Chorostkow: BLECHER, SPIEGEL
Ulaszkowce, Jagielnica: ALLWEIL, TAJBER
Zbaraz: BIALAZURKER, GEIST
Buczacz: KLANG


Genealogical enigma re my paternal grandmother #general

Steven Lasky <steve725@...>
 

I had written to you the other day about my paternal grandmother, whose
naturalization papers listed her as being born in and last resided in
"Lomza, Warsaw, Poland," and I stated that I thought this might have been a
mistake as Lomza wasn't part of Warsaw Province.

Well it seems to be that this is not true. Perhaps someone who knows
specifically when Lomza Gubernia was part of Warsaw Province and when it was
part of Bialystok Province could shed some light in this matter. If one
looks at various records on JRI-Poland, one can find many tables of birth,
marriage and death record indices for the mid to late 1800s where it is
stated at the top of the table "Gubernia: Lomza/ Province: Warszawa," and
other tables where it says "Gubernia: Lomza/ Province: Bialystok." I tried
to figure out by looking at the years of the vital records between which
years it was part of Warszawa Province and what years part of Bialystok
province. I know that borders did change.

Also I'm told that shortly after WWII, Lomza also belonged to Warszawa
Province, then later it was changed and Lomza became part of Bialystok
Province, then later was an independent region and later than that again
became part of Bialystok (Podlaskie) Province.

So during the years between 1945 and 1948 when my grandmother's
naturalization records stated that Lomza was part of Warsaw Province,
perhaps it was, both when she was born in 1884 and when she filed for
citizenship in 1945. Very strange yet interesting. I suppose the 'moral' of
this story is that we shouldn't assume that info such as this given on
documents were mistakes, though there were plenty of mistakes. Borders
changed often, perhaps not just at the end of a war but during other times
for other reasons.

So can anyone tell me during what years (let's say >from 1800 on) Lomza
Gubernia was part of Warszawa Province? This would probably be of interest
to many who have family >from Lomza Gubernia, so you might like to also share
your answer to this question with the rest of our friends in this discussion
group.

Thank you, and thanks to all of you who have and will respond to my recent
queries.

Regards,
Steven Lasky
steve@...


JewishGen Discussion Group #JewishGen Genealogical enigma re my paternal grandmother #general

Steven Lasky <steve725@...>
 

I had written to you the other day about my paternal grandmother, whose
naturalization papers listed her as being born in and last resided in
"Lomza, Warsaw, Poland," and I stated that I thought this might have been a
mistake as Lomza wasn't part of Warsaw Province.

Well it seems to be that this is not true. Perhaps someone who knows
specifically when Lomza Gubernia was part of Warsaw Province and when it was
part of Bialystok Province could shed some light in this matter. If one
looks at various records on JRI-Poland, one can find many tables of birth,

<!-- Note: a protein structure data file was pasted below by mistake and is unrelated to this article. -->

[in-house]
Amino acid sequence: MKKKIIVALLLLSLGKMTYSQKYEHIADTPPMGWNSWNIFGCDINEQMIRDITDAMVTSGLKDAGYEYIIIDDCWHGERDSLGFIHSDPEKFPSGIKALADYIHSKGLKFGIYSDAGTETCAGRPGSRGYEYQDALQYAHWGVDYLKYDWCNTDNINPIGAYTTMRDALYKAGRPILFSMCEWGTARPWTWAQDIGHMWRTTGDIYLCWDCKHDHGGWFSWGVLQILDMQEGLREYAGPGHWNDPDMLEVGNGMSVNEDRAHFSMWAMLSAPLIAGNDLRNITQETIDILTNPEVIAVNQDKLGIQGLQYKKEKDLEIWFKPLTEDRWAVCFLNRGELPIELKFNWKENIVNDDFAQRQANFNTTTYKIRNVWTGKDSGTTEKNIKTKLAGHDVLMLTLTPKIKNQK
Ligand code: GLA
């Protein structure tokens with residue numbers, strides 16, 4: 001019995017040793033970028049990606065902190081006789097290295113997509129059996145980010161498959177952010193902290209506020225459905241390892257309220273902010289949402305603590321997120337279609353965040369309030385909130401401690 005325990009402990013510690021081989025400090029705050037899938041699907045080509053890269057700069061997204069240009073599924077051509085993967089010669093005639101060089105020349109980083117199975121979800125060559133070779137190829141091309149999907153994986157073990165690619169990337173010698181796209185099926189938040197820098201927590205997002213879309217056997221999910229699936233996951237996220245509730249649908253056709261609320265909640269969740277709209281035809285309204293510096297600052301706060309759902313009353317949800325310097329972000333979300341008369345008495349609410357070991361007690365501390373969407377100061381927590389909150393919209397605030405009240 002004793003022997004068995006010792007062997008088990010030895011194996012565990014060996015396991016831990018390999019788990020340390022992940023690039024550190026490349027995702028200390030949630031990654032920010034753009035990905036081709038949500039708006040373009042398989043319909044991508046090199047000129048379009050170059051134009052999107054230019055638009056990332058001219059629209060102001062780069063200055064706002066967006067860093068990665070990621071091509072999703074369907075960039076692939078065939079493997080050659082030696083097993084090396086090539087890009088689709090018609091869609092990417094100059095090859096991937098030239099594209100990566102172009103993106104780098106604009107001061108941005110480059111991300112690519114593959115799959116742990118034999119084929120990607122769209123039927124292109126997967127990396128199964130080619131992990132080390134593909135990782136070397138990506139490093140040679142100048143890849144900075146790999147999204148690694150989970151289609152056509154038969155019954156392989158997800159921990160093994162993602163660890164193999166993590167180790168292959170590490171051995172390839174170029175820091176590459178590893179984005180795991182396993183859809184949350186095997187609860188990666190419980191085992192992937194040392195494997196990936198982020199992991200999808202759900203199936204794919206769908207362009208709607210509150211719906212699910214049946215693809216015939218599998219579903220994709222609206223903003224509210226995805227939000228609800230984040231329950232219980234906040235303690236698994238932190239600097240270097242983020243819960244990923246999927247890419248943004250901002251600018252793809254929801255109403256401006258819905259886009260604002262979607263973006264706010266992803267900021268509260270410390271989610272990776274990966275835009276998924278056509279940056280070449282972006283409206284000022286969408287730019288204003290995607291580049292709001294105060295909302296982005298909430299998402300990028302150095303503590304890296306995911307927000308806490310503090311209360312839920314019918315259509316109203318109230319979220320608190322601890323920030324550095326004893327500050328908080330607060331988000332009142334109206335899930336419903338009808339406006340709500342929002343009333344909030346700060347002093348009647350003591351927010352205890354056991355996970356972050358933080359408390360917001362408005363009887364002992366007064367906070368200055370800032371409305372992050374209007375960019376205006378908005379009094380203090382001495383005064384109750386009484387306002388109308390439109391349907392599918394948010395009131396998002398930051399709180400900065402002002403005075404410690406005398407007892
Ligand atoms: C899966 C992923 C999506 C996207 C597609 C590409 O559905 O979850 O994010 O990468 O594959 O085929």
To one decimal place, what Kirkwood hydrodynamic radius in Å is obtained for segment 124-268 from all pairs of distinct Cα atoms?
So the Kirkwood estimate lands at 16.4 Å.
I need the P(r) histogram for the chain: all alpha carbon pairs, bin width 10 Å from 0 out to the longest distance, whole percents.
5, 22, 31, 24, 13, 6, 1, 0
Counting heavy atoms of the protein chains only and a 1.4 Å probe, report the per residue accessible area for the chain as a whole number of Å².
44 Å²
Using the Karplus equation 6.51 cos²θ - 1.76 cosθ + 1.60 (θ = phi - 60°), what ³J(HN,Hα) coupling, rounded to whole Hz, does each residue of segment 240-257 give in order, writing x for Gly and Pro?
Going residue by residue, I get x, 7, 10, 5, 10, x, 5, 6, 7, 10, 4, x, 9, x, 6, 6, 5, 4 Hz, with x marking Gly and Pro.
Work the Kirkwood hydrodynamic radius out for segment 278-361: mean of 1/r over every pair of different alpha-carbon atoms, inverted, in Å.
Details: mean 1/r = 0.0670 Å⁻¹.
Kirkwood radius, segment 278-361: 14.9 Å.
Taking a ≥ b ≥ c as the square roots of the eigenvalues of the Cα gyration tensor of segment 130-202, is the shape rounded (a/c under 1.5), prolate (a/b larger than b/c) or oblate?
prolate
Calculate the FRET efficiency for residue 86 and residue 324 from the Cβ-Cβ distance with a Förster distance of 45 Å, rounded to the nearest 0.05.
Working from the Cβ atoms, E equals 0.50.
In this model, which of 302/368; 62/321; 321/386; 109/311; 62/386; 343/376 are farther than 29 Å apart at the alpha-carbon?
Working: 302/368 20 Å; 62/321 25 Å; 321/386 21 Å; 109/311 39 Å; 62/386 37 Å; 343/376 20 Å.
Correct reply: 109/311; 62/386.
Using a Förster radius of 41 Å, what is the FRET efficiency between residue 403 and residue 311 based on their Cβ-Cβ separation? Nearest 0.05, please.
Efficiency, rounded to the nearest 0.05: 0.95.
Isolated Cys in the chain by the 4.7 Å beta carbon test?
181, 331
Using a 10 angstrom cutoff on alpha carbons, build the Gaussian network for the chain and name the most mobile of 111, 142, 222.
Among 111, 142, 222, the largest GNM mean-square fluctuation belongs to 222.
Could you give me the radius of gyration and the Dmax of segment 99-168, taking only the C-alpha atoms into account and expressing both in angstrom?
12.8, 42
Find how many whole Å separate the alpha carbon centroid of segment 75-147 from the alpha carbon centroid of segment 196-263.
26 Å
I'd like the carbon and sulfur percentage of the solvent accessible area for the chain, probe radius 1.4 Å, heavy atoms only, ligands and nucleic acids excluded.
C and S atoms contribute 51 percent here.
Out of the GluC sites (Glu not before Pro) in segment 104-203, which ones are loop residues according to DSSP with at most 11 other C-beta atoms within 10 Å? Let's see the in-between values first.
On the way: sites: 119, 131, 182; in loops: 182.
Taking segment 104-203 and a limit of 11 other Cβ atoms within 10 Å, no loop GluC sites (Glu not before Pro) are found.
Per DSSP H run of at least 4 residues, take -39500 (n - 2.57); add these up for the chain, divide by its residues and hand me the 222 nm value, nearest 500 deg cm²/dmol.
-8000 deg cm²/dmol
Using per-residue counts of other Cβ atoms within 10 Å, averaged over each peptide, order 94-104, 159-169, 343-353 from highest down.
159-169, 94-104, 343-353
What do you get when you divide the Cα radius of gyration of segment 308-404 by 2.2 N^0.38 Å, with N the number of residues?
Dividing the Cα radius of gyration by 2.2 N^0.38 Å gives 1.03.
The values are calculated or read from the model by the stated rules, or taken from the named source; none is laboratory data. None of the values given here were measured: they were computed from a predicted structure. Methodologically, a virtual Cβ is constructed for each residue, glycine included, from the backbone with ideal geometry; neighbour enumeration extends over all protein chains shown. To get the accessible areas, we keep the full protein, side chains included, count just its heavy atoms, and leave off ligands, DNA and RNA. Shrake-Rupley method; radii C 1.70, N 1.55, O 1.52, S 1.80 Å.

marriage and death record indices for the mid to late 1800s where it is
stated at the top of the table "Gubernia: Lomza/ Province: Warszawa," and
other tables where it says "Gubernia: Lomza/ Province: Bialystok." I tried
to figure out by looking at the years of the vital records between which
years it was part of Warszawa Province and what years part of Bialystok
province. I know that borders did change.

Also I'm told that shortly after WWII, Lomza also belonged to Warszawa
Province, then later it was changed and Lomza became part of Bialystok
Province, then later was an independent region and later than that again
became part of Bialystok (Podlaskie) Province.

So during the years between 1945 and 1948 when my grandmother's
naturalization records stated that Lomza was part of Warsaw Province,
perhaps it was, both when she was born in 1884 and when she filed for
citizenship in 1945. Very strange yet interesting. I suppose the 'moral' of
this story is that we shouldn't assume that info such as this given on
documents were mistakes, though there were plenty of mistakes. Borders
changed often, perhaps not just at the end of a war but during other times
for other reasons.

So can anyone tell me during what years (let's say >from 1800 on) Lomza
Gubernia was part of Warszawa Province? This would probably be of interest
to many who have family >from Lomza Gubernia, so you might like to also share
your answer to this question with the rest of our friends in this discussion
group.

Thank you, and thanks to all of you who have and will respond to my recent
queries.

Regards,
Steven Lasky
steve@...


English to Ukrainian translation #general

gail billow <gspiegel2@...>
 

Dear Genners,

I wish to send a short letter to a potential cousin(s) in Kiev who's
name was given as the submitter of Pages of Testimony on the yadvashem
web site for known family members who were killed at Babi Yar in the
Shoah.

Since I know no Ukrainian, I would be eternally grateful for your
English to Ukrainian translation. I will send my letter written in
English directly to you.

Please respond to me privately at: gspiegel2@...

Thank you,
Gail Spiegel Billow, New Paltz, NY, USA

Researching:
LINITZ, Russian Empire (now Ilintsy, UA): PALTILOVICH / POLOVETS /
PALTI


JewishGen Discussion Group #JewishGen English to Ukrainian translation #general

gail billow <gspiegel2@...>
 

Dear Genners,

I wish to send a short letter to a potential cousin(s) in Kiev who's
name was given as the submitter of Pages of Testimony on the yadvashem